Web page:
Commonly cited by abolitionists as an example of African American self-sufficiency, the Dennis Farm also represents the prosperity and generational wealth robbed of most American Blacks by slavery. This historic site presents a version of African American history untouched by the oppressive forces of slavery, sharecropping, redlining and ghettoization. Denise Dennis says that when young Black people visit the property, “it changes how they perceive themselves.”
While the organization currently conducts educational tours, welcomes researchers, and holds an annual symposium in partnership with Keystone College, its programming is limited because of the damage sustained to the farmhouse by Hurricane Irene in 2011. The house had already been in poor condition and the roof partially collapsed after the storm, but the house was stabilized in 2013 and intact material was salvaged.
NEH has offered the DFCLT an Infrastructure and Capacity Building Challenge Grant, which will be matched by the organization’s own fundraising efforts, with $1 of NEH support provided for every $3 raised from elsewhere, to restore the farmhouse to its 1940 condition and rebuild it as a museum. The grant contributes to a $1.6 million budget that will allow for the installation of permanent exhibitions organized thematically under the categories of faith, family, freedom, and farming.
Using primary documents like books from the family’s collection, letters, newspaper clippings, diary excerpts, and photos, the exhibitions will detail the family’s journey from Connecticut to Pennsylvania and will examine their place within the history of the US military, Pennsylvania agriculture, the Underground Railroad, the Progressive Era, the Black intelligentsia, and women’s history.
A point of interest for many is the Dennis Farm’s presumed, though not directly proven, participation in the Underground Railroad. The Montrose community, a mere ten miles northwest of Dennis Farm, is known to have had a rather large Underground Railroad network, and an escape route for freedom-seekers called the Lackawanna Path passed within a hundred yards of Dennis Farm. Local oral history holds that escaped slaves who died on the journey to freedom are buried in the Perkins-Dennis Cemetery on the farm’s hilltop, the only private African American cemetery in the country.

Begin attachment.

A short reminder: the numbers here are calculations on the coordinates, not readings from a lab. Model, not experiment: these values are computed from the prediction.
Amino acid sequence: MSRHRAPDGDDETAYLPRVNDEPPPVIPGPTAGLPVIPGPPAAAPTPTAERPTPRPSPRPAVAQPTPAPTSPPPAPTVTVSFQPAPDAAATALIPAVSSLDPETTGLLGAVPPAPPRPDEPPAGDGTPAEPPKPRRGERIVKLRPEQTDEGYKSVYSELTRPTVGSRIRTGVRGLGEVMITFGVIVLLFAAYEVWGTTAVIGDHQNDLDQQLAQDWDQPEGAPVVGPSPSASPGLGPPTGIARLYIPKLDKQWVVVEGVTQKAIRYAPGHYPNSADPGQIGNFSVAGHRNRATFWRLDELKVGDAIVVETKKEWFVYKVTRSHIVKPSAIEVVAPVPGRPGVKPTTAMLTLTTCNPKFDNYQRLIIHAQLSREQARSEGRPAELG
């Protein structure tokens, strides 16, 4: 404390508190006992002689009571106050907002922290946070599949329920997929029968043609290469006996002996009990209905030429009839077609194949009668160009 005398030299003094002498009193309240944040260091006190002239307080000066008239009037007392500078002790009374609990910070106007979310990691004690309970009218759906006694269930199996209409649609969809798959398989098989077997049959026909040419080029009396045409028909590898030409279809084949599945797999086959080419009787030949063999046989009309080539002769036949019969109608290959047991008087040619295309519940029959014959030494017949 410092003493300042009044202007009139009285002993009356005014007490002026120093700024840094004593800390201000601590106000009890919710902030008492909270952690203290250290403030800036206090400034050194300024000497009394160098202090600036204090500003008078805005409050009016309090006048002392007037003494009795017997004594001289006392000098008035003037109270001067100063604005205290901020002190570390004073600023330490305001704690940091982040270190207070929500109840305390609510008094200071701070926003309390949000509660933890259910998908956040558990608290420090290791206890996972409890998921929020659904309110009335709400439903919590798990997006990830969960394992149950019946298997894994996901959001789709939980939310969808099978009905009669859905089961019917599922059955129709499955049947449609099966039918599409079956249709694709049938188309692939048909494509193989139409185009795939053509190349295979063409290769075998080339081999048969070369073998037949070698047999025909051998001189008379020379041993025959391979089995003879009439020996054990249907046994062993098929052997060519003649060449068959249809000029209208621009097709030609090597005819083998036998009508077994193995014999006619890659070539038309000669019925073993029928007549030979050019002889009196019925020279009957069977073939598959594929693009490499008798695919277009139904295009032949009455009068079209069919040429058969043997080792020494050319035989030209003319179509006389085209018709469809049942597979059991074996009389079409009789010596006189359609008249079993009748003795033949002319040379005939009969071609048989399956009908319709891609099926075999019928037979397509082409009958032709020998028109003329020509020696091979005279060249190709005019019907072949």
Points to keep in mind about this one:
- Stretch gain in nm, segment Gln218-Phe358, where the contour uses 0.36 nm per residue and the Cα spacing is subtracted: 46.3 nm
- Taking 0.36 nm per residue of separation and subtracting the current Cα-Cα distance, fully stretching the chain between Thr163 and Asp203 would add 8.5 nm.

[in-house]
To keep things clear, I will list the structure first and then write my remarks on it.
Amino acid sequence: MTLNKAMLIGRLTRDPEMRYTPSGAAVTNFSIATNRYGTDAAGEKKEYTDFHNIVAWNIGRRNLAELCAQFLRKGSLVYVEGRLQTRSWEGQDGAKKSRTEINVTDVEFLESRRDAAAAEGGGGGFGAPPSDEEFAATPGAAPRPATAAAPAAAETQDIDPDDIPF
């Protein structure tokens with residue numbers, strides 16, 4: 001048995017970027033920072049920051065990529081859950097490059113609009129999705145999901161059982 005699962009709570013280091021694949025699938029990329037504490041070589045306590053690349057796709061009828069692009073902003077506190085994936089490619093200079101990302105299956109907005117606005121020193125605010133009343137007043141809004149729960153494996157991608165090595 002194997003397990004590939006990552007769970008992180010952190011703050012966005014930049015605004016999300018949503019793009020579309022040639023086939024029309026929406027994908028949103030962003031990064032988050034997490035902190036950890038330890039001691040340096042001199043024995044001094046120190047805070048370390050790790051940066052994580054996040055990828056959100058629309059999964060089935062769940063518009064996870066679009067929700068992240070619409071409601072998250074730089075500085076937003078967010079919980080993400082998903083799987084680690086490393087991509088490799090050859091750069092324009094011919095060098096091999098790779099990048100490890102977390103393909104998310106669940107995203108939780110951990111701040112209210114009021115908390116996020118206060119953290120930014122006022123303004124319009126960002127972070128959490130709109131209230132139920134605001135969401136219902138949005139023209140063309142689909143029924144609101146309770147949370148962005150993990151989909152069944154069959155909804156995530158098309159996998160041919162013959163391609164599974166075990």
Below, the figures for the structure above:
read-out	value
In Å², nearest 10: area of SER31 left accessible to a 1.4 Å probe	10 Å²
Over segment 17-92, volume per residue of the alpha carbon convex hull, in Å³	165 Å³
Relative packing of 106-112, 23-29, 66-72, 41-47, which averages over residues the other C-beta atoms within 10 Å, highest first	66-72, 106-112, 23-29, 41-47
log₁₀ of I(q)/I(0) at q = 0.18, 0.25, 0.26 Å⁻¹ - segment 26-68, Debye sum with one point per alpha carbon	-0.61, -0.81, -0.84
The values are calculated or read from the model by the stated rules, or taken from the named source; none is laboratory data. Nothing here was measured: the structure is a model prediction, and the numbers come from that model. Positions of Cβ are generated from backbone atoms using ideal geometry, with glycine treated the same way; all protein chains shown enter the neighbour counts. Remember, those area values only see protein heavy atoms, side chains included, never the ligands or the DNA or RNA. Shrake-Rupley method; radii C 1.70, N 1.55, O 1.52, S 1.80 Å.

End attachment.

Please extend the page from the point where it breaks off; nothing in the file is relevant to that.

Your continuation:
Historian Cheryl LaRoche’s book, Free Black Communities and the Underground Railroad: The Geography of Resistance, identifies elements that point to the likelihood of free Blacks participating in the Underground Railroad. These elements include proximity to individuals and churches documented as helping the cause, the existence of settlements owned by free Blacks in the vicinity, cemeteries with graves of US Colored Troops from the Civil War, and a landscape conducive to secret travel and hiding. The Dennis Farm contains them all.
After visiting the site, LaRoche wrote, “The Dennis Farm is a gift to the nation. The sweep of American History is written in this land.”
The DFCLT expects an annual audience of 160,000 visitors once the Dennis Farmhouse Museum is completed within the next five years. The museum will draw a greater number of tourists, researchers, and students that have already shown interest in Dennis Farm by touring the grounds each year. Additionally, the DFCLT expects to increase the attendance of younger visitors and use the museum to develop programs for secondary and K-8 student groups.
Doris Devine Fanelli, Chief of the Division of Cultural Resources Management at the US Department of the Interior, writes, “The story of this indomitable family’s persistence on this farm is the story of our country’s growth and resilience.”
Visitors young and old will be enlightened and inspired by this untold chapter in our nation’s history.